Singapore seethes over population plan
Proposal to boost city state’s population prompts rare protest, signalling growing dissent over influx of foreigners.
(Al Jazeera) Singapore’s success story is relatively well-known. Having transformed itself from a tiny island nation with no natural resources to one of the richest countries in the world, Singapore prides itself on its booming economy, sustained by encouraging foreign investment and migrant labourers.
But despite being the third-most densely populated country in the world, Singapore’s government recently announced plans to increase its total population from 5.3 million to 6.9 million by 2030. The move caused a public outcry, with thousands taking to the streets on Saturday in protest.
An aging population coupled with dwindling birth rates, escalating housing prices, overcrowding, and caving infrastructure are just some of the factors responsible for the rising dissent among Singaporeans.
In January, Singapore’s government – which has been led by the People’s Action Party since 1959 – introduced two proposals. The first was its “White Paper on Population”, which outlined a strategy to ensure sustainable population levels in the face of low birth rates and an aging society. Shortly thereafter, a plan to increase Singapore’s land area by nearly 8 per cent was announced to accommodate the new population.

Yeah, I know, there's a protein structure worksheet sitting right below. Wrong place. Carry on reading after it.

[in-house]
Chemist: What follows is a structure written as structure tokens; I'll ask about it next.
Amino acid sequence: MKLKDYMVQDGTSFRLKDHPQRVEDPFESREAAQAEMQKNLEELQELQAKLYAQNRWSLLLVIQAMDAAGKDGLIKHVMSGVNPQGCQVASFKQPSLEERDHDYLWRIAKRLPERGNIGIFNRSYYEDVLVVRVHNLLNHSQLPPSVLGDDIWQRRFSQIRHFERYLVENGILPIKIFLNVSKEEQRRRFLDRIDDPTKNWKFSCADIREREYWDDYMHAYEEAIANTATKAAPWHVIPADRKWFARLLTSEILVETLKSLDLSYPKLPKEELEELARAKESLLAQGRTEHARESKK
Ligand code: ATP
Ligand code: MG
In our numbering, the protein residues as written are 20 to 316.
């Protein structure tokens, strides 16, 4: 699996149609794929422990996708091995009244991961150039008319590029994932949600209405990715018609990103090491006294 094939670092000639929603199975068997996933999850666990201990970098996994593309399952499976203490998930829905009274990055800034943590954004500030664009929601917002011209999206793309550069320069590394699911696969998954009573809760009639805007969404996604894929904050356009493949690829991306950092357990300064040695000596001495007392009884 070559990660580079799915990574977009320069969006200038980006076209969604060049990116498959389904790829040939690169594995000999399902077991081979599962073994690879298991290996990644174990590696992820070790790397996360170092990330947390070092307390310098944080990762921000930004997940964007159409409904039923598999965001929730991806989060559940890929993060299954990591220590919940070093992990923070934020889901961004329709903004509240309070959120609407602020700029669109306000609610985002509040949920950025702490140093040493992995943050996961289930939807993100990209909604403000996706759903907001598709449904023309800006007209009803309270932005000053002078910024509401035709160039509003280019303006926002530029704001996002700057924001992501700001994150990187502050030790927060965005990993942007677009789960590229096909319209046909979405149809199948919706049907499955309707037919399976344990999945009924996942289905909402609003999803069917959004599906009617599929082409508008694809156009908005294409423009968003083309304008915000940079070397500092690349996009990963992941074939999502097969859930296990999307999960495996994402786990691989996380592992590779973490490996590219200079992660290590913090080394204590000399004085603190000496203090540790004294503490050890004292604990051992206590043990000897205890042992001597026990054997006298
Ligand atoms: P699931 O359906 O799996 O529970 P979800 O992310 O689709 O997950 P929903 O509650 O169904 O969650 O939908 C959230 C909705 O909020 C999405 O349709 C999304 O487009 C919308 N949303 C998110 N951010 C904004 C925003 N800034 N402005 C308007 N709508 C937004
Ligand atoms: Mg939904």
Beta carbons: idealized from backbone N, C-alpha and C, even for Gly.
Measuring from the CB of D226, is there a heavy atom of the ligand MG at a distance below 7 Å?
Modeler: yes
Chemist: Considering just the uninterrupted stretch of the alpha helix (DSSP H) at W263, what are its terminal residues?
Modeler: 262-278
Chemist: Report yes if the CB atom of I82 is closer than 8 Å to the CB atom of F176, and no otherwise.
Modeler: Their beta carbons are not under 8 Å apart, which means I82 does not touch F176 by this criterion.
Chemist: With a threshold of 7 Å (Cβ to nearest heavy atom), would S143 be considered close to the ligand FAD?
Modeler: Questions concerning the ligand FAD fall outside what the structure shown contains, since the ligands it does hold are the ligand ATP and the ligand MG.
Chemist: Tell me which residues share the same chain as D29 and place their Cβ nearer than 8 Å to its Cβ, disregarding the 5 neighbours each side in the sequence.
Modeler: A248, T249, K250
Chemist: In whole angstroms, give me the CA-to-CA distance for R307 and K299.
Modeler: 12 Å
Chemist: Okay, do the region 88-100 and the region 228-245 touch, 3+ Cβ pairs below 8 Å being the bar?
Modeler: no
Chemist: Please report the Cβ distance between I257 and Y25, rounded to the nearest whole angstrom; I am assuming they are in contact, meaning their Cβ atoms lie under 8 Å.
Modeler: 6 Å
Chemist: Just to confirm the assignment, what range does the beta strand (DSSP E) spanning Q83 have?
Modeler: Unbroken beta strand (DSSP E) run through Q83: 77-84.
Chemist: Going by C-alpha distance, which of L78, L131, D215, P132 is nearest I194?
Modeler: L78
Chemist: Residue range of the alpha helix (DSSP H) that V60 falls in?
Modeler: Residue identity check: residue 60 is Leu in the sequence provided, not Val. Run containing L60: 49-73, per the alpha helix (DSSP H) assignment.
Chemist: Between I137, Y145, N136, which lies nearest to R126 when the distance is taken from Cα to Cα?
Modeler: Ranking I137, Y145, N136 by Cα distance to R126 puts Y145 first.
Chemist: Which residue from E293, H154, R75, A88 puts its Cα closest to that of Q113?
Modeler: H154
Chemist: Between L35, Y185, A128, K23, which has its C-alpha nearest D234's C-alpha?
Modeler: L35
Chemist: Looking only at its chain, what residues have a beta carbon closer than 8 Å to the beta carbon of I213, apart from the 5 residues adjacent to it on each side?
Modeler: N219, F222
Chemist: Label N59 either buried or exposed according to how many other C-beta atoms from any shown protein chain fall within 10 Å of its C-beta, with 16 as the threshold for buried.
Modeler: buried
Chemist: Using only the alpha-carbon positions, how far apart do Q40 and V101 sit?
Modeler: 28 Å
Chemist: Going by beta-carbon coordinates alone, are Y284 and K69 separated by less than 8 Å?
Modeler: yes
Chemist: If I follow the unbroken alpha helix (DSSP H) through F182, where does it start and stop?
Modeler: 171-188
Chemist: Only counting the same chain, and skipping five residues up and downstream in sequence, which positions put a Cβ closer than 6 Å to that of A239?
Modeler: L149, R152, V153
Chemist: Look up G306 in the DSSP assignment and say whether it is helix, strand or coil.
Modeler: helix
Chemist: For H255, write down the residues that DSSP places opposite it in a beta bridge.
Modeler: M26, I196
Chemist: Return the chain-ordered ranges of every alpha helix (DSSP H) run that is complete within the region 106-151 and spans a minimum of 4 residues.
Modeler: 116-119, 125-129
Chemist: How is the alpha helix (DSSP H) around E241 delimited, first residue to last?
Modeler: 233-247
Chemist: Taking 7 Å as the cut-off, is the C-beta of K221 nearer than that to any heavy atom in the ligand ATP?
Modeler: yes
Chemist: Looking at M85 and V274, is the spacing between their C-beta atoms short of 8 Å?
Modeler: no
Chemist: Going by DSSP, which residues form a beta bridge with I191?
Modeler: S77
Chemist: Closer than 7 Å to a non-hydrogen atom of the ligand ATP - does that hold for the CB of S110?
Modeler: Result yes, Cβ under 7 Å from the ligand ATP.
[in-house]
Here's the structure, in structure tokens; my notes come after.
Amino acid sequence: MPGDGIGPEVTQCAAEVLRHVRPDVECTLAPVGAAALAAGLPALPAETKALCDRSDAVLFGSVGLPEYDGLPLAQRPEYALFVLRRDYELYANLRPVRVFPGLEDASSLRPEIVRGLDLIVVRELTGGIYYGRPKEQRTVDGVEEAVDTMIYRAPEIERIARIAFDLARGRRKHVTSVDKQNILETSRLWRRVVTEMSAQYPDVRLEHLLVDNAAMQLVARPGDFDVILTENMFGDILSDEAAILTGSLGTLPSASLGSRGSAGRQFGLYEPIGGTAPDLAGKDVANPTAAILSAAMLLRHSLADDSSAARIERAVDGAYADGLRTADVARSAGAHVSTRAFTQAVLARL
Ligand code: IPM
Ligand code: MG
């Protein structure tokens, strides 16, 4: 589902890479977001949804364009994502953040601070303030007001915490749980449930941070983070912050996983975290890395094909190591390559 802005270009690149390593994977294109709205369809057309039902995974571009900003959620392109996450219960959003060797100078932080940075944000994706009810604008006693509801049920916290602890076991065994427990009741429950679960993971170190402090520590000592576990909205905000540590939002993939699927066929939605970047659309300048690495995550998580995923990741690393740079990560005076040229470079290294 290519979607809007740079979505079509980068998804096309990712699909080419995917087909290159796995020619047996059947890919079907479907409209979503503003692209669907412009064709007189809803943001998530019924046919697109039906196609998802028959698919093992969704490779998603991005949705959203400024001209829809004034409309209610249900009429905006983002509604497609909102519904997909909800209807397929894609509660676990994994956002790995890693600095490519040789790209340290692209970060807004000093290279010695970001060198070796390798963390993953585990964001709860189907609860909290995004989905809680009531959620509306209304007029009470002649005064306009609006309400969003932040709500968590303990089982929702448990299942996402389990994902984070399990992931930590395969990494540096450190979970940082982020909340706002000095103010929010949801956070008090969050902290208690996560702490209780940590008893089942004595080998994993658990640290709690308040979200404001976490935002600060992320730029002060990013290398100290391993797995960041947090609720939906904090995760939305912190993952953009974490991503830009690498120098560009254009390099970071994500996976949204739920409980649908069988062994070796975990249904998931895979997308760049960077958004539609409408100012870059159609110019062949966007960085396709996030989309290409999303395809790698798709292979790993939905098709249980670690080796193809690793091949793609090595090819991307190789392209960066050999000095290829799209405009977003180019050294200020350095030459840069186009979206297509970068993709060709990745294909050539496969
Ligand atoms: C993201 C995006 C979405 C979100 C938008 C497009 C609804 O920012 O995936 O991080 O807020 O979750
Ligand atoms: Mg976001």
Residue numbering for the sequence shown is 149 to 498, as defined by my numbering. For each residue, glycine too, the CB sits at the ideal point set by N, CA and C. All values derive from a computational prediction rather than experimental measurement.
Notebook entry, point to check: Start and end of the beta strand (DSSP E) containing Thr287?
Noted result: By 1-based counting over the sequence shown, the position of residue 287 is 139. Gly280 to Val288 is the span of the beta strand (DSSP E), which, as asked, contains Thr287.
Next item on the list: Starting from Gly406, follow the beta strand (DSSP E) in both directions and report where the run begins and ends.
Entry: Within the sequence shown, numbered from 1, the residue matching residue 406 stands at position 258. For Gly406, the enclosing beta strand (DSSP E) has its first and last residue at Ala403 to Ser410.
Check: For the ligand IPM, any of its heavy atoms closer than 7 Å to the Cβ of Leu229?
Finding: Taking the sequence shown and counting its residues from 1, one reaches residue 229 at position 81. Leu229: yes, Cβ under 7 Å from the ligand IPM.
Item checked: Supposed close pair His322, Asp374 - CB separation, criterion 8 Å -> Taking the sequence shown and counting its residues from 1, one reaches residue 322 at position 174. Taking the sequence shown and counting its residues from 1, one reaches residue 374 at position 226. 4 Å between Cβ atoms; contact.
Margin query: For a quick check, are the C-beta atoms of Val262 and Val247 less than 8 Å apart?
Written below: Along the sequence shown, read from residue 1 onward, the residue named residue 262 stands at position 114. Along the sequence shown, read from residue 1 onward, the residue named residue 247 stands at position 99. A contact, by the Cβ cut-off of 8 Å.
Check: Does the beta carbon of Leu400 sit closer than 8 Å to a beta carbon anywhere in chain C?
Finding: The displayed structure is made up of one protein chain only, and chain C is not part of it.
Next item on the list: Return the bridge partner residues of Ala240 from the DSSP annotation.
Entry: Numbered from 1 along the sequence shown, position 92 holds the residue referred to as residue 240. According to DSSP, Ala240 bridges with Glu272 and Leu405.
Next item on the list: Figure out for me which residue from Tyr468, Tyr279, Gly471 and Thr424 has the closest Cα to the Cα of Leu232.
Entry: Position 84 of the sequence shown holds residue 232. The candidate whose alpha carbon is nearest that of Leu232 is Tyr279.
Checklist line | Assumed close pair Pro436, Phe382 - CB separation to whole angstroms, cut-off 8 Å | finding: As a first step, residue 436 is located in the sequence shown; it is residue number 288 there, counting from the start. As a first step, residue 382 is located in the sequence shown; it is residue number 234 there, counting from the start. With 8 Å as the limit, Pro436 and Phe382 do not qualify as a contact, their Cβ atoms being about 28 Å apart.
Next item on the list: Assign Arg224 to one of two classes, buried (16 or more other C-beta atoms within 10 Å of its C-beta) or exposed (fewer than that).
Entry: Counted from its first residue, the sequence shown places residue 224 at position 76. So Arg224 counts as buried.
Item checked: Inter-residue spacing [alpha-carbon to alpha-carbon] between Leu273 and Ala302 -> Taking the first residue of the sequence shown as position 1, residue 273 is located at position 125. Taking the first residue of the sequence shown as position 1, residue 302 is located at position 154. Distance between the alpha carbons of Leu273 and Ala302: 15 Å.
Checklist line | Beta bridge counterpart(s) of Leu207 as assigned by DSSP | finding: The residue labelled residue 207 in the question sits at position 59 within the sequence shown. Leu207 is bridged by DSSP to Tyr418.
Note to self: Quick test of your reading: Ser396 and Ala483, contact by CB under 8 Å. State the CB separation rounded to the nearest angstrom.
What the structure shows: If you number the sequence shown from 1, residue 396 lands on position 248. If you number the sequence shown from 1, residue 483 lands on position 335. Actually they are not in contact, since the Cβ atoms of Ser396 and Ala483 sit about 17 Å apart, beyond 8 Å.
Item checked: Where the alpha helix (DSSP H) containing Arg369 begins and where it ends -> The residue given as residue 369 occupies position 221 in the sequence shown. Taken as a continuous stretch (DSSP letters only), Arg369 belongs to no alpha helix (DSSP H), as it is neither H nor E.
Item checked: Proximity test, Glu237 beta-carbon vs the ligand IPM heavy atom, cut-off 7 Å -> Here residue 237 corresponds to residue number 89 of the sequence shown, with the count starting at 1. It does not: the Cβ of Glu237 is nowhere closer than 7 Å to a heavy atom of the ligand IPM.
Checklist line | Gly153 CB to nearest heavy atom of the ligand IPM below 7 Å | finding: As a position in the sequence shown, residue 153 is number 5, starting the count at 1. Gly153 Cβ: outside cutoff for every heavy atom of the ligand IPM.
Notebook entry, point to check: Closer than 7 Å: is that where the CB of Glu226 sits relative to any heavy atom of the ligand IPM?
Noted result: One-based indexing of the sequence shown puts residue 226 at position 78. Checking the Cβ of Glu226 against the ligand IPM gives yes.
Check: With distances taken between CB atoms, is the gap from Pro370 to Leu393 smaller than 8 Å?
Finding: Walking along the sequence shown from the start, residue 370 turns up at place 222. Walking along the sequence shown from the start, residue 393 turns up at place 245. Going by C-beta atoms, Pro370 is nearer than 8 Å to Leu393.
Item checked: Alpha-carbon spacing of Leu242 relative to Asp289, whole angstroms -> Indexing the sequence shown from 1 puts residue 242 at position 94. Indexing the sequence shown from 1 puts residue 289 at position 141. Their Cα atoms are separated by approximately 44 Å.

In addition to the number of foreigners, an estimated 30,000 new permanent residents – a status given to foreigners who live in Singapore for long periods of time – will also be added each year.
Singaporeans have become increasingly vocal about the high influx of foreigners in recent years, demanding changes in the government’s relaxed immigration policies.
The opposition Singapore Democratic Party (SDP) recently launched its own population policy report, calling instead for a plan for businesses to favour Singaporeans when hiring and to tighten the screening of foreign professionals to wean businesses off of cheap foreign labour.
Singapore wants to boost population to 6.9 million by 2030
(Reuters) – Asian financial center Singapore, which is already more densely populated than rival Hong Kong, wants to raise its population by as much as 30 percent in the next two decades to ensure its economy remains dynamic, the government said on Tuesday.
The growth in the population to between 6.5 and 6.9 million by 2030 – from 5.3 million now – would involve persuading citizens to have more babies and handing out citizenship to more foreign-born professionals, the government said in a white paper.
Exclusive: Bank probes find manipulation in Singapore’s offshore FX market – source
(Reuters) – Internal reviews by banks in Singapore have found evidence that traders colluded to manipulate rates in the offshore foreign exchange market, according to a source with knowledge of the inquiries. …